Transgender professor joins WRT department after filing discrimination suit against SVSU
First-Year Writing Program instructor says there's "stability" in her life at OU
December 31, 2016
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Professor Charin Davenport just finished her first semester at Oakland University.
“I struggled getting my feet underneath me,” she said. “I spent an awful lot of time navigating OU.”
Just a few short months ago, Davenport was a professor at Saginaw Valley State University. She taught at SVSU from 2007 to 2013. On the surface, her story seems like that of any other professor changing from university to university, finding her perfect fit.
“I kept it on the down low and began hormones again in 2013,” she said. “I came out to my boss, she was a chair of the WGS [women and gender studies] minor program.”
Just after telling her boss that she was transitioning from male to female, Davenport was let go from her position.
“I was told it was for budget reasons,” she said. “It didn’t feel right, but I believed her. I sat on it, didn’t do anything.”
She was diagnosed with kidney cancer only a little while later, and things didn’t look good. It was around this time that she visited SVSU to let her boss know that she was OK.
It was then she realized the reason she was fired.
“I can tell you, it’s been exhausting,” she said. “I lost a lot of friends. It’s hard enough to be trans, but when a place that’s been telling you for years how awesome you are tells you you’re disgusting, it paralyzes you.”
Davenport has decided to sue SVSU for discriminatory actions. She said there are a few more depositions before preparations begin in her trial.
She had a few job prospects following her termination from SVSU, but nothing definite.
“I was pretty disbanded,” she said. “I had a few job prospects, but a friend of mine told me about a potential opening. I got a call soon after, asking me to apply.”
Soon after, she had an interview set up to teach in OU’s Department of Writing and Rhetoric.
Despite already having some media coverage, Davenport brought up the trial in her interview.
“I just didn’t want those surprises,” she said. “I felt it necessary that OU know I could end up on TV or in the news.”
However, she didn’t have much to fear. As per OU Administrative Policies and Procedures, “It is the policy of Oakland University that there shall be no unlawful discrimination against any person on the basis of race, sex, sexual orientation, age, height, weight, handicap, color, religion, creed, national origin or ancestry, marital status, familial status or veteran status.”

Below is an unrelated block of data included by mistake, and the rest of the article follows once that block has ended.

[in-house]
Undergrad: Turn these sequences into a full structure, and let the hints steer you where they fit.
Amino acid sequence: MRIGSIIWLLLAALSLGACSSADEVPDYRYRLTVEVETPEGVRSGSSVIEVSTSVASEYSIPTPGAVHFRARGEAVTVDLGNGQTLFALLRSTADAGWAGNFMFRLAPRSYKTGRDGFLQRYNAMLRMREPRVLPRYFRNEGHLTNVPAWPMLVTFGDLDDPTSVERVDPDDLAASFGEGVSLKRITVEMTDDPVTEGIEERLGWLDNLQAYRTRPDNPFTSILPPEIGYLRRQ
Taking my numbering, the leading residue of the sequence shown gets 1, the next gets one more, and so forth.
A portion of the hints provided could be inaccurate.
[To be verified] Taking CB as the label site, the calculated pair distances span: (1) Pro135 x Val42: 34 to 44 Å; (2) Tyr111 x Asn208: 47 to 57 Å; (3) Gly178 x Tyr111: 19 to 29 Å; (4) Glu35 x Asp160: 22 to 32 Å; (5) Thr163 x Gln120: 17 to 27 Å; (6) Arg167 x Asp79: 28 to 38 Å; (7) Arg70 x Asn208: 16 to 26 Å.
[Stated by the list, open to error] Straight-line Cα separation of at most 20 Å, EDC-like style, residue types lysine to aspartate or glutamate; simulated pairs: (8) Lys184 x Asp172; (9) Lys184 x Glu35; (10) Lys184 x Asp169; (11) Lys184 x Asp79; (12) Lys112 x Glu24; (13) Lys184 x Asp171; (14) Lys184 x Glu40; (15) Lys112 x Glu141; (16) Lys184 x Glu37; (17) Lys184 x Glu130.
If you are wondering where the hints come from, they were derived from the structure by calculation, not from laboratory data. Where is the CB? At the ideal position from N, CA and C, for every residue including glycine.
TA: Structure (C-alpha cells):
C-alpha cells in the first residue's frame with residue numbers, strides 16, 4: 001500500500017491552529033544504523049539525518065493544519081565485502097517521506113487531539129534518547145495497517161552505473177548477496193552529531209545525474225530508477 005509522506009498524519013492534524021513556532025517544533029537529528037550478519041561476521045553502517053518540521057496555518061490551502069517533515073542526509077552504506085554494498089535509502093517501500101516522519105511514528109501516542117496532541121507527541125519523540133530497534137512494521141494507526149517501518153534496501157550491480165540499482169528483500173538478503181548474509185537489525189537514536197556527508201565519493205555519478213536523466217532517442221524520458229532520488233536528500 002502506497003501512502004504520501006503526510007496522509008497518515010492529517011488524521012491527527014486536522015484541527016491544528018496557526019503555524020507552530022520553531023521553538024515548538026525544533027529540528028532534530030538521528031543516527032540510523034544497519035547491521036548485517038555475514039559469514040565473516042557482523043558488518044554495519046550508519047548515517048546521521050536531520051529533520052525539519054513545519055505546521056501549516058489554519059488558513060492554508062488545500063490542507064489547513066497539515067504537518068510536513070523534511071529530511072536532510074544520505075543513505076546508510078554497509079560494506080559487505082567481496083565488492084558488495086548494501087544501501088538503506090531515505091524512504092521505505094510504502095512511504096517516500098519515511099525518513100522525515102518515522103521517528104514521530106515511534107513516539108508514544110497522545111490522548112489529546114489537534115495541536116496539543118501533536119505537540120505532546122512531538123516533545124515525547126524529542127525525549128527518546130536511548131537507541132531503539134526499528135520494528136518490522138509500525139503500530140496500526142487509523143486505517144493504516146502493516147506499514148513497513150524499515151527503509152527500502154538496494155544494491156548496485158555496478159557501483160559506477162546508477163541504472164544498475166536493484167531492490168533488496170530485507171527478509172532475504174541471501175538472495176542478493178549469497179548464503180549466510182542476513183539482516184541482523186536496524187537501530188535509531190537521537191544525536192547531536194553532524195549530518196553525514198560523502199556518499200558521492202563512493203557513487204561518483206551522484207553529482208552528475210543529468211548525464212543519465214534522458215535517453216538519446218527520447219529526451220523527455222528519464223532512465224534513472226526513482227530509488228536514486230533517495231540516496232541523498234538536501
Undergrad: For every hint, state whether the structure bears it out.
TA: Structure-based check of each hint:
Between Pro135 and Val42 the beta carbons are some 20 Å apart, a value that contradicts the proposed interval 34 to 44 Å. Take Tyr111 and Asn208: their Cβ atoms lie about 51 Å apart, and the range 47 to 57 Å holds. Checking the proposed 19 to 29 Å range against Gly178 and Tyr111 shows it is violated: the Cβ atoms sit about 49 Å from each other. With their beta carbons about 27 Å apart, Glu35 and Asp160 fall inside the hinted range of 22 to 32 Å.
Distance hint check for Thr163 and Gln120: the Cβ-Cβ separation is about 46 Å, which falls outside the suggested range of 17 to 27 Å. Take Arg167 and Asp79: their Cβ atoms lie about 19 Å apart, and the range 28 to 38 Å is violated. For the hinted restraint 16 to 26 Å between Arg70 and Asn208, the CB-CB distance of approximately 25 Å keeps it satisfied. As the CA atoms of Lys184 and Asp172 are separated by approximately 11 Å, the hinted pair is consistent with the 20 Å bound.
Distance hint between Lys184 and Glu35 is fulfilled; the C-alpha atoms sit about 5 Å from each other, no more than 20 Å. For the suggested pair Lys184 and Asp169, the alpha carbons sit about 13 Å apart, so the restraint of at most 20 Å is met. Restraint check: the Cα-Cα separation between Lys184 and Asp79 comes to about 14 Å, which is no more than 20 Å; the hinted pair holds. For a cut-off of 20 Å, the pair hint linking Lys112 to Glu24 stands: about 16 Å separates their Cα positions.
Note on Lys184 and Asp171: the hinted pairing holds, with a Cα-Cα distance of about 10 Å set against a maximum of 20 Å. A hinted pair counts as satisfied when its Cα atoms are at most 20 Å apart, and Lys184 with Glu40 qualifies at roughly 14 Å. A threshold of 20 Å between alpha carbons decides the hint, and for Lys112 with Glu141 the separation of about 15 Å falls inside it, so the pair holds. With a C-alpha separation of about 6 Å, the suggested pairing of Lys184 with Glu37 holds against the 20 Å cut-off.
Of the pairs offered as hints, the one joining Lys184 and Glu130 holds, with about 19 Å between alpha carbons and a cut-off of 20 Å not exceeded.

Davenport said she cried when she went in for the interview. The director of the WRT program told her, “We know, and we’re glad you’re here.”
“I felt that I found my place,” she said. “I’m lucky OU is the type of university that would look at me and say, ‘It’s not about you, it’s about them [the students].’”
Davenport said there are three things she’s looking forward to in her future, both at OU and beyond.
“Here at OU, there’s stability in my life,” she said. “The Detroit metro area offers so much. I see a chance for my life to settle down.”
She said that she’d like to eventually get her Ph.D., and that she sees the opportunity here at Oakland.
“I don’t know what I’ll get it in, though,” she said. “But I have a dissertation in mind. OU opens a bunch of doors. I hope I do a good job and I can be a returner.”
She also said that she wanted to get more involved with the trans, queer and intersex advocacy communities in metro Detroit.
“I think that this area can make a difference in bridging white trans communities and trans people of color,” she said. “There’s too much of a divide . . . I want my white trans brothers and sisters to cross that chasm, to be fierce, kind and gentle all at the same time.”
She also said that she wants the rights of trans and LGBTQIA+ (LGBT) people to be recognized.
“I would be failing if I didn’t take advantage of this opportunity to say this,” she said. “In Michigan and in other places around the U.S., trans people have no rights protected as civil rights, state rights or local laws.”
She gave an example of bathroom rights. Last semester, she taught classes from 8 a.m. until 5 p.m.
“It’d be legal in Michigan for them [OU] to tell me I can’t use the bathroom,” she said.
At that point, she’d have to go across the street and hope a business would let her use a restroom. Fortunately, that wasn’t the case with OU.
Davenport also said that there is no history of violence in bathrooms triggered by transgendered people. A recent NPR article said that transgender people are actually more likely to be harmed in a bathroom than cisgendered people (those who identify with their biological sex).
Oakland provides a bit of a safe haven for transgender individuals. This year, the university’s new preferred name policy was unveiled, allowing students to change their names within various official OU systems.
OU has the LGBTQIA Employee Resource Group, which provides resources and aid for faculty members who are part of the LGBT community.
“I haven’t spent much time there [at the resource group],” Davenport said. “I plan to be much more involved in the future.”